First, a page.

People with HIV who have other medical conditions such as high blood pressure or high lipids appear to do better if they have a primary care physician as well as an HIV physician, according to a study of people receiving care through UCLA Center for Clinical AIDS Research and Education, researchers report in The Journal of Infectious Diseases.
A second study, looking at chronic medical conditions, or co-morbidities, in a large sample of people with HIV in the United States found that high blood pressure (hypertension), elevated lipids and endocrine disorders (including diabetes) were the most common co-morbid conditions, and that the proportion of people with HIV in care also receiving treatment for several co-morbid conditions rose significantly between 2003 and 2013.
As people with HIV grow older and HIV infection becomes increasingly well-controlled through antiretroviral treatment, a growing proportion of the care needed by people with HIV is for chronic medical conditions. Some are related to HIV infection or may be exacerbated by long-term inflammation due to HIV. Antiretroviral treatment may also increase the prevalence of some conditions, including high lipid levels, reduced kidney function, fractures and osteoporosis.
To find out which co-morbid conditions are more common in people with HIV, US researchers carried out a review of claims submitted to US health insurance companies, to Medicare and to Medicaid between 2003 and 2013 relating to all medical care apart from HIV diagnosis. The study identified claims relating to 36,298 people with HIV insured by commercial insurance companies, 26,246 by Medicaid (means-tested free insurance coverage for certain categories of US citizens) and 1854 by Medicare (health insurance for people aged 65 and over or qualifying disabled people).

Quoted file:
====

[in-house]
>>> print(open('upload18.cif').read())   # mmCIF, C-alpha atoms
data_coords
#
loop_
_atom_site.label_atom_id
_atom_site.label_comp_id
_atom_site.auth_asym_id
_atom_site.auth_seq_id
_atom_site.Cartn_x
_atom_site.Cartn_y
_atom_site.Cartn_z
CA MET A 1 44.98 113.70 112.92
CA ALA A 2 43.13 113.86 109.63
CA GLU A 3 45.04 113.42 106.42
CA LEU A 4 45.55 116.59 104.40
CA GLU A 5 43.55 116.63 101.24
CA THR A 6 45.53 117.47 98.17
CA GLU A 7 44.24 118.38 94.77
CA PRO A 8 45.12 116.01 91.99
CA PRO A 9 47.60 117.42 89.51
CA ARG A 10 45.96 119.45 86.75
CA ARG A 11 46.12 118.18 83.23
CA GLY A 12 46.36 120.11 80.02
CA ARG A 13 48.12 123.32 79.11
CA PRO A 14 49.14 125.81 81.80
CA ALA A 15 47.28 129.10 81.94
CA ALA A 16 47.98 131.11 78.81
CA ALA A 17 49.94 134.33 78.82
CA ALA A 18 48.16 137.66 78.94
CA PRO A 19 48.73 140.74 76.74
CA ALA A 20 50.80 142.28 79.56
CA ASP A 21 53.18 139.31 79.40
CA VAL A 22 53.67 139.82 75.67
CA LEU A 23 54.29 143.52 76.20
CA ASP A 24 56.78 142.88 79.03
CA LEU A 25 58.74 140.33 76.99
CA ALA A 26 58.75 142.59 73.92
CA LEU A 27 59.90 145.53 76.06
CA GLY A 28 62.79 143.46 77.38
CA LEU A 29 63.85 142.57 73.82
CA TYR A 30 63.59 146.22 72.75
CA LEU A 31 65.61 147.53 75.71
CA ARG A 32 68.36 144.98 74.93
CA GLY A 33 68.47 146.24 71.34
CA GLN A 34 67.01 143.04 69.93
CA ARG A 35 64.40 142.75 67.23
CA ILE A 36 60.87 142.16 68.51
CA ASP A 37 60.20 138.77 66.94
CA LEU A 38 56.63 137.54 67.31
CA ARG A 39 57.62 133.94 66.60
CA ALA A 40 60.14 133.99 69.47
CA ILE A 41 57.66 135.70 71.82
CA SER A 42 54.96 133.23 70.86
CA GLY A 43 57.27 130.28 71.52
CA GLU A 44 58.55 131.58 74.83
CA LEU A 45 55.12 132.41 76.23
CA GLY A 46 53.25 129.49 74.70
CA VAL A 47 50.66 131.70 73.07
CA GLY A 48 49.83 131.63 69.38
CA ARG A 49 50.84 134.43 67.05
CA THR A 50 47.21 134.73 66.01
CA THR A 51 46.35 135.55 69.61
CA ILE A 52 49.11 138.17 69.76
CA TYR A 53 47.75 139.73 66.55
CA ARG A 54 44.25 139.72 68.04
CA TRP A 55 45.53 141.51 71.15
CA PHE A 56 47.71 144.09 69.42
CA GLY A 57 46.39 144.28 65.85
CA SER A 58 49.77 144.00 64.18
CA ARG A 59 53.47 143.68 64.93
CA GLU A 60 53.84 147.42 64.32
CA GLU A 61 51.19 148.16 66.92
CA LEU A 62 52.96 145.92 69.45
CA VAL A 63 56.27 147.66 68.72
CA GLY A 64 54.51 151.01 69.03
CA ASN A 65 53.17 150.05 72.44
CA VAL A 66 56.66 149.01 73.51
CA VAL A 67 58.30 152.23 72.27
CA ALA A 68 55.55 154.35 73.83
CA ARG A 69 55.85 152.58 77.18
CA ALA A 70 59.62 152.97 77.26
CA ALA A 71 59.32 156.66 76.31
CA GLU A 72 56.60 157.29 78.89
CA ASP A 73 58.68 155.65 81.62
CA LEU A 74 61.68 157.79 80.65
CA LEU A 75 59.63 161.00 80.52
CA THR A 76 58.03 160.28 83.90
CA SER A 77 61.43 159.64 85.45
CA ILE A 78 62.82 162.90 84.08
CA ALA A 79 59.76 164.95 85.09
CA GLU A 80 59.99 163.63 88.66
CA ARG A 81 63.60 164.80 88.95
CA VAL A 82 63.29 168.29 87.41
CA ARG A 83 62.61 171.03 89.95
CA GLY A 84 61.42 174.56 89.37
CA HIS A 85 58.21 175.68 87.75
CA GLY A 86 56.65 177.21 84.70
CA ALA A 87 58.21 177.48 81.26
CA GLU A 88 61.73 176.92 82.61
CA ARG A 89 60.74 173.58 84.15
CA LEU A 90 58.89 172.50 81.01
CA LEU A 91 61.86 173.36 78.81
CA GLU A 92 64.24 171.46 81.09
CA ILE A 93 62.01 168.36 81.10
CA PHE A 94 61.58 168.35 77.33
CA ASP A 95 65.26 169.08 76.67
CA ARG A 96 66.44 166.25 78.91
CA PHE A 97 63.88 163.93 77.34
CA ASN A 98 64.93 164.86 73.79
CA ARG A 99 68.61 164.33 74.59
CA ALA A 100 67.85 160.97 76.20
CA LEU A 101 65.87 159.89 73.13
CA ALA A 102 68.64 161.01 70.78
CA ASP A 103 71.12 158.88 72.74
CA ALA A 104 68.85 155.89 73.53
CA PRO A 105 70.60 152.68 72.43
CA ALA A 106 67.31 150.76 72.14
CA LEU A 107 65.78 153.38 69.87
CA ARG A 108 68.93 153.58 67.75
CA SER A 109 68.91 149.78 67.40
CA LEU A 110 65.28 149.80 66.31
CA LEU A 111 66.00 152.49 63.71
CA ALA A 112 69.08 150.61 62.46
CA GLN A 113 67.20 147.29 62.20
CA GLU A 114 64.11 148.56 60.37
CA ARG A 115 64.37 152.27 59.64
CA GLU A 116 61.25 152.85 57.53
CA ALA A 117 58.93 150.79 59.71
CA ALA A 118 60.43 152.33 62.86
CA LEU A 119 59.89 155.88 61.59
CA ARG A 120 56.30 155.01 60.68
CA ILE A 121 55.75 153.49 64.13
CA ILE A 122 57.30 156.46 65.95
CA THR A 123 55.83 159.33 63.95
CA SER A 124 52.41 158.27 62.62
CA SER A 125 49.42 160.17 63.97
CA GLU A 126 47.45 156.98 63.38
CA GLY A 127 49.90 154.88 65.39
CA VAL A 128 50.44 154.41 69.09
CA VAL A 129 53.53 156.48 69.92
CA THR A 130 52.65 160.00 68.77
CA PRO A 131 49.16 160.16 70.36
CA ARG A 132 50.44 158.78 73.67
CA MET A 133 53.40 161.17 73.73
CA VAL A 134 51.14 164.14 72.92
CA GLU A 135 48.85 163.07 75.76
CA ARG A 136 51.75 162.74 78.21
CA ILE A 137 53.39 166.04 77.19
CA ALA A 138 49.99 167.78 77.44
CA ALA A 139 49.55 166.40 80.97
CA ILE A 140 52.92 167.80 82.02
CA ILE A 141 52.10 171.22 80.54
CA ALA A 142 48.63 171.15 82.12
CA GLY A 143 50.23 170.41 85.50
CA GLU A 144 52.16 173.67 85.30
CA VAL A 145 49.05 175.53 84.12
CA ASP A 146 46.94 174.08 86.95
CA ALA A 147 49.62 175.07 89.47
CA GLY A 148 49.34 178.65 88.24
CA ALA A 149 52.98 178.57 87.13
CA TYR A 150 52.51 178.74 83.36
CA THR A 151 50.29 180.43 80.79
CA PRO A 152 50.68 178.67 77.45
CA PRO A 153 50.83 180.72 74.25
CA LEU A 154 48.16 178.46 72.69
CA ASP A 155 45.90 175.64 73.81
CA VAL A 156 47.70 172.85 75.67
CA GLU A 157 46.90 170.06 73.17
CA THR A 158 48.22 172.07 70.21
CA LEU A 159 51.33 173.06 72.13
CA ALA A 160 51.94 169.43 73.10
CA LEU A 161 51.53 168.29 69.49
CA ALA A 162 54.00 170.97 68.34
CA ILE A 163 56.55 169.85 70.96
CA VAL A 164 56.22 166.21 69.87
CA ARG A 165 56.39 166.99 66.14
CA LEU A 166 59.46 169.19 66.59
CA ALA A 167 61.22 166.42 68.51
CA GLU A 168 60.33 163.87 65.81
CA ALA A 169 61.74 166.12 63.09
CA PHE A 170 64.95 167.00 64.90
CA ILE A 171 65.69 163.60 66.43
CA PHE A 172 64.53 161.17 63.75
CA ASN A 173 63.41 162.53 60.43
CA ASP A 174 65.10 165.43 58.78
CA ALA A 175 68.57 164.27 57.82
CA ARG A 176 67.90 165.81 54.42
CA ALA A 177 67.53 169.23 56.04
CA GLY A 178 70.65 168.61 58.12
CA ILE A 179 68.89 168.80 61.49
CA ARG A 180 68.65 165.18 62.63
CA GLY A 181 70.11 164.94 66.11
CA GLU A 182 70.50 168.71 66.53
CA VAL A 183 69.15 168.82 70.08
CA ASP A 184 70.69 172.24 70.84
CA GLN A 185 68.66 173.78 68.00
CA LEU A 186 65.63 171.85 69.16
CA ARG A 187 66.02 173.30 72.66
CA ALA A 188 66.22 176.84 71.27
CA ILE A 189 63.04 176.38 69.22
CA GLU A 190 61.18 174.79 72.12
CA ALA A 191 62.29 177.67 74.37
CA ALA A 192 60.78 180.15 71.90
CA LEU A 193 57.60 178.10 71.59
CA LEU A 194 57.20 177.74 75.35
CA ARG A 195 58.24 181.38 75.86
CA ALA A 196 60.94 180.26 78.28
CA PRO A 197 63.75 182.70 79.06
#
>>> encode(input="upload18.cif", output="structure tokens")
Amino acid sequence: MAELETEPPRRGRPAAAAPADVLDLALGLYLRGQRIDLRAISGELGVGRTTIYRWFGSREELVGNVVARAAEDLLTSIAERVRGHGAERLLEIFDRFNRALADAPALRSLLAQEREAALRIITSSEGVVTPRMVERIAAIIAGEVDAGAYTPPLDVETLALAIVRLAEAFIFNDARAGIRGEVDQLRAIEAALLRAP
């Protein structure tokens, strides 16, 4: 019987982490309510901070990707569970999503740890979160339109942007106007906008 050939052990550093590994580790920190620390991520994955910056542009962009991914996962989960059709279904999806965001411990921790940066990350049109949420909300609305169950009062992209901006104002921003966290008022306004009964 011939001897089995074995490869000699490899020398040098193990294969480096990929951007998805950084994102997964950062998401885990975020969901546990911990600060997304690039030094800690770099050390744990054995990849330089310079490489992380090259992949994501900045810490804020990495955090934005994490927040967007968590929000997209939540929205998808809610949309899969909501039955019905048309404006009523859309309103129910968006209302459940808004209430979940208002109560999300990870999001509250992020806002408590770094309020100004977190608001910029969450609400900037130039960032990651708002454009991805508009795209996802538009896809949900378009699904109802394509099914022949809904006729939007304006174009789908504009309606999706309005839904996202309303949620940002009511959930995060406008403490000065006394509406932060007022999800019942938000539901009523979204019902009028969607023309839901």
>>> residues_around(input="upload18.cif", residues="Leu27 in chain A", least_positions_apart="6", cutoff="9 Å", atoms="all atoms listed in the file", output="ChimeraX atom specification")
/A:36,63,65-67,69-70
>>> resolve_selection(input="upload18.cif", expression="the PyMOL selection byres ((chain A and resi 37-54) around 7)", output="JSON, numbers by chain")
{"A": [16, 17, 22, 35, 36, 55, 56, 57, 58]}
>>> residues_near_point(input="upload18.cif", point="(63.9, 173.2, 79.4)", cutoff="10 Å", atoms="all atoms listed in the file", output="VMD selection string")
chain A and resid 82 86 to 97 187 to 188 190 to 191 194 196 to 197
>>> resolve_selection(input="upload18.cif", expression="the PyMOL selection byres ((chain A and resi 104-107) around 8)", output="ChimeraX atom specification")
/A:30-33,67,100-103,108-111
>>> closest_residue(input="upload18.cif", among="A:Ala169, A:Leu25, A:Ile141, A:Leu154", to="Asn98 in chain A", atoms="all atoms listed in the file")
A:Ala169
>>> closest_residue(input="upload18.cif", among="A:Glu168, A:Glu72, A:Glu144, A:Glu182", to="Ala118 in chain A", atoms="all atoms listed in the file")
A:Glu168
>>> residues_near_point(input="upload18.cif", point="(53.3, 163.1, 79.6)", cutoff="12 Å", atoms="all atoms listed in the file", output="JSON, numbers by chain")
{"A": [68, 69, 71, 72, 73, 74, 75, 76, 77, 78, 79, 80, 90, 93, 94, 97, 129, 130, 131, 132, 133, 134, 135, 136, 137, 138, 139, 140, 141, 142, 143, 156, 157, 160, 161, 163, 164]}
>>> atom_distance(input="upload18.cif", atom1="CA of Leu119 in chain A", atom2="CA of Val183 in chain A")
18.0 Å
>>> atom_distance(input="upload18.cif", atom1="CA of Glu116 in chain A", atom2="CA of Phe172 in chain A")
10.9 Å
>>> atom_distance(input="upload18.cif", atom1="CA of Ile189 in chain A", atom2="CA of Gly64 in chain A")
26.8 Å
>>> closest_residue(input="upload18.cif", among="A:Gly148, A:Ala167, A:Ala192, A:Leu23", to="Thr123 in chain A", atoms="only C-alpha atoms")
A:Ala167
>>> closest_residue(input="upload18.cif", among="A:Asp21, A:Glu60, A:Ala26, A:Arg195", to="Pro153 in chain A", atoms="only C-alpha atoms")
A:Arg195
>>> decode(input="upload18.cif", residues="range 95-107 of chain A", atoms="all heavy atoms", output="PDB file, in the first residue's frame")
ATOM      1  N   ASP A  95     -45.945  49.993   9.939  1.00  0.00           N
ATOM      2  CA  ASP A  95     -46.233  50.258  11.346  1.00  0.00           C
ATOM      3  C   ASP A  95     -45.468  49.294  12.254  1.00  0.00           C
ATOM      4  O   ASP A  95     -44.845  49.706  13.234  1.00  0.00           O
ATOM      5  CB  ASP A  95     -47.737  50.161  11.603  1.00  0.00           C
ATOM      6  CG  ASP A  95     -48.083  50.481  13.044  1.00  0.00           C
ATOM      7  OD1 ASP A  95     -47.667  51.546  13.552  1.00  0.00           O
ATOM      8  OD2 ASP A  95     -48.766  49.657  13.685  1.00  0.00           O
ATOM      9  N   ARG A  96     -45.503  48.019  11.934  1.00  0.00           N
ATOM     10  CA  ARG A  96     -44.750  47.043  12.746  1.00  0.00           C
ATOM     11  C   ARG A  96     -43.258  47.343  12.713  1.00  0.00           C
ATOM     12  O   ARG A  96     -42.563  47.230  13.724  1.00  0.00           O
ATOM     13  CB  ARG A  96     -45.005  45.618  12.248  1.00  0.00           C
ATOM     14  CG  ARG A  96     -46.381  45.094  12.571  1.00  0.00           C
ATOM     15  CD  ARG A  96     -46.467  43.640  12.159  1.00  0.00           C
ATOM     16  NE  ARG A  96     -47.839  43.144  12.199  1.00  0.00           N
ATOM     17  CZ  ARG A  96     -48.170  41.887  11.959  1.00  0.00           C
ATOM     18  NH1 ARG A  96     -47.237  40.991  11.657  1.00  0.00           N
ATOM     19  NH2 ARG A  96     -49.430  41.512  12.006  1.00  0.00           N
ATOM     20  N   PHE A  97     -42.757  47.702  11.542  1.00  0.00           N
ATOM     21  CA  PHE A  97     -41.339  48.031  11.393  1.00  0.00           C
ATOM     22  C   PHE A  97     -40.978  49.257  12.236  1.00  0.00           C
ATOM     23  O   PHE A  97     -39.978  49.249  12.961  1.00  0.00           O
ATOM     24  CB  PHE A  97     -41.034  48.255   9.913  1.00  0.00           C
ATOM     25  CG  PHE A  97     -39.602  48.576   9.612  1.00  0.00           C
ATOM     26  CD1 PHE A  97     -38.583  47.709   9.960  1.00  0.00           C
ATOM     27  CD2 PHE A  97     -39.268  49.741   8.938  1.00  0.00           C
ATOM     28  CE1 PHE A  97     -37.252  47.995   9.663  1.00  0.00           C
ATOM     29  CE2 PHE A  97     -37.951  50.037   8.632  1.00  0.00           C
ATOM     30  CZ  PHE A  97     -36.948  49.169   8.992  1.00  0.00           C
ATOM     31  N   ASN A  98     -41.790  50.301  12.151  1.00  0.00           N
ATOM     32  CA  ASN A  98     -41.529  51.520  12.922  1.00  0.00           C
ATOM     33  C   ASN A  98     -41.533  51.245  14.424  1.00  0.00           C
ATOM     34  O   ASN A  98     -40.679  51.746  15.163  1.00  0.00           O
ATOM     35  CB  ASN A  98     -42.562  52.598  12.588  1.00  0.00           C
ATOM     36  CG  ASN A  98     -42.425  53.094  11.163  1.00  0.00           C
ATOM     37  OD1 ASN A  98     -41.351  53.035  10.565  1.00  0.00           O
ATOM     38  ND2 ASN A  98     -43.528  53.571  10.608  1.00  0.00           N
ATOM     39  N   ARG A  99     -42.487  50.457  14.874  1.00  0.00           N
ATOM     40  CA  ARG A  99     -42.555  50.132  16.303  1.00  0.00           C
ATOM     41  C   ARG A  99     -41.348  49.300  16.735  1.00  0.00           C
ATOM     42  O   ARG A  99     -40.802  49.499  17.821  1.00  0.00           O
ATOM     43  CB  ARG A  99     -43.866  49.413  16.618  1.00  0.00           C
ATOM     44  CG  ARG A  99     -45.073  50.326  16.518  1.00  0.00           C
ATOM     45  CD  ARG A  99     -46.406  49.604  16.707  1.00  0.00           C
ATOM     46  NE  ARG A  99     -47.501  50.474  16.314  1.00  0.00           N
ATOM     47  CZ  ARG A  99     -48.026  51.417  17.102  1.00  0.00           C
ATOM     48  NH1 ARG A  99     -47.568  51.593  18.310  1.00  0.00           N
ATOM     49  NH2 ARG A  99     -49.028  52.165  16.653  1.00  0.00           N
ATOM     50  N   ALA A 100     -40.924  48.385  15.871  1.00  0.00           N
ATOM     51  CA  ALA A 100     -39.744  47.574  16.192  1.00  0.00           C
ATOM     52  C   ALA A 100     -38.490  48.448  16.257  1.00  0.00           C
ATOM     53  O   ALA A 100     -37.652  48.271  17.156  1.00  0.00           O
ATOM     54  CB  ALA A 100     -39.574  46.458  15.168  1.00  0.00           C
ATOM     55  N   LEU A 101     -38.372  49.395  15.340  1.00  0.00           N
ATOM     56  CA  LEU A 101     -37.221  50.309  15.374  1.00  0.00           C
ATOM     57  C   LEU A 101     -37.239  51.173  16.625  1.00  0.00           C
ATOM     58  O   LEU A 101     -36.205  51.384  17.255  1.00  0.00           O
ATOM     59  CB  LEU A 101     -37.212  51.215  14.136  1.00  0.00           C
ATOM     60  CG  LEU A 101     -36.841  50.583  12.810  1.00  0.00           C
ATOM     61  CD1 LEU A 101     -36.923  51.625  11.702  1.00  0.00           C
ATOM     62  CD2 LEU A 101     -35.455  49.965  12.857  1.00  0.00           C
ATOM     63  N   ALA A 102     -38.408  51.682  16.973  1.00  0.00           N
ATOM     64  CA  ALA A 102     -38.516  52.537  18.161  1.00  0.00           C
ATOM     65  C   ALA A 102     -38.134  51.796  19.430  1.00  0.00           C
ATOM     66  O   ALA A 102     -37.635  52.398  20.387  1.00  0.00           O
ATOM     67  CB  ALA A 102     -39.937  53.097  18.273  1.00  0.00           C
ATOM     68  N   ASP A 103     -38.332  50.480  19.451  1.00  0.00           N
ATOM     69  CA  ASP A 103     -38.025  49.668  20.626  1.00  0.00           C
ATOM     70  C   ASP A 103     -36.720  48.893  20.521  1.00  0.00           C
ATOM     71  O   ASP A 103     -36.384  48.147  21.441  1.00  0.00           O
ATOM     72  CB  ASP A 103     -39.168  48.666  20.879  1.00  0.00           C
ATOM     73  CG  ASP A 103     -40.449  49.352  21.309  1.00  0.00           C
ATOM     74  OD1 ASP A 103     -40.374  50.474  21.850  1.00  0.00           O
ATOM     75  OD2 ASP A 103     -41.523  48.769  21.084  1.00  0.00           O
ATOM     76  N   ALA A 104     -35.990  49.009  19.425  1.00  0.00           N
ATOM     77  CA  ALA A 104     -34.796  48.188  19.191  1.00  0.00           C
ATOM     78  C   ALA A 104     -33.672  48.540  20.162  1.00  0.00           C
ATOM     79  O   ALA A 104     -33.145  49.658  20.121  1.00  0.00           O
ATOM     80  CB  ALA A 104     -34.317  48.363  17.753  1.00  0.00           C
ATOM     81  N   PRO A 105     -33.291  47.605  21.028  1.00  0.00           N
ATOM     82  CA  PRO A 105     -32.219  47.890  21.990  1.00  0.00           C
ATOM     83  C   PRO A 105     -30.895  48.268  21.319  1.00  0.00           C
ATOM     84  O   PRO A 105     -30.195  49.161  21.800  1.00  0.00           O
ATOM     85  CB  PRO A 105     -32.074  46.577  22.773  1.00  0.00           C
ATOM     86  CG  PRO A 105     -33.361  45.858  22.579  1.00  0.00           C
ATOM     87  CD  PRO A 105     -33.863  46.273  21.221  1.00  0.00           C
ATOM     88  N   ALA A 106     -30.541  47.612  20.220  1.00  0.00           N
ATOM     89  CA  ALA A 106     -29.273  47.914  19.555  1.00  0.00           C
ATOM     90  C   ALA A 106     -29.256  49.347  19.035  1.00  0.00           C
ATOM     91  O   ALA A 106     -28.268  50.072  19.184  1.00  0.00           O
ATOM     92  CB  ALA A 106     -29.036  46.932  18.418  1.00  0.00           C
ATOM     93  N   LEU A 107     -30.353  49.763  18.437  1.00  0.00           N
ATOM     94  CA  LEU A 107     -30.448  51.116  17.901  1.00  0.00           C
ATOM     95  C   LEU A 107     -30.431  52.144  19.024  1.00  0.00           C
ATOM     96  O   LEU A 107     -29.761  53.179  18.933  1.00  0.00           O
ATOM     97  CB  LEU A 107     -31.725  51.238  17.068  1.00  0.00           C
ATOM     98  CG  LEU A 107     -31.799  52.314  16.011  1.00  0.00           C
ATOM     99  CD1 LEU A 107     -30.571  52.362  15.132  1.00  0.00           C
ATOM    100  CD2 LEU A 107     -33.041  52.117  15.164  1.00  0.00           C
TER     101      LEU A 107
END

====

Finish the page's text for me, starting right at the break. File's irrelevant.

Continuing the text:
The most common co-morbidities were hypertension, hyperlipidaemia, endocrine disease (including diabetes), diabetes and renal impairment. The frequency of each co-morbidity was higher among Medicare claimants, who had a mean age of 71.5 years, compared to 41.6 years in the Medicaid group and 42.2 in the commercial insurance group. Claims relating to cardiovascular events and to renal impairment more than doubled between 2003 and 2013, as did claims for hyperlipidaemia.
When claims for HIV-positive people were compared with a demographically matched control group of HIV-negative people from the same insurance databases, commercially insured people with HIV were more likely to have undergone treatment for cardiovascular disease, deep vein thrombosis, hypertension, hepatitis C, renal impairment, fracture or osteoporosis, cancer, liver disease or alcoholism (p < 0.001). A similar pattern held true for people covered by Medicaid. Deep vein thrombosis, renal impairment and cancer were more frequent in HIV-positive people covered by Medicare compared to HIV-negative controls (p < 0.05).
The study authors say that part of the explanation for an increase in prevalence over time could lie in improved access to screening as a result of the 2010 Affordable Care Act, together with greater use of electronic medical records. Nevertheless, the high prevalence of co-morbidities observed in this study has also been reported in studies in the Netherlands and Switzerland, suggesting that the results are not simply a consequence of improvements in screening and recording.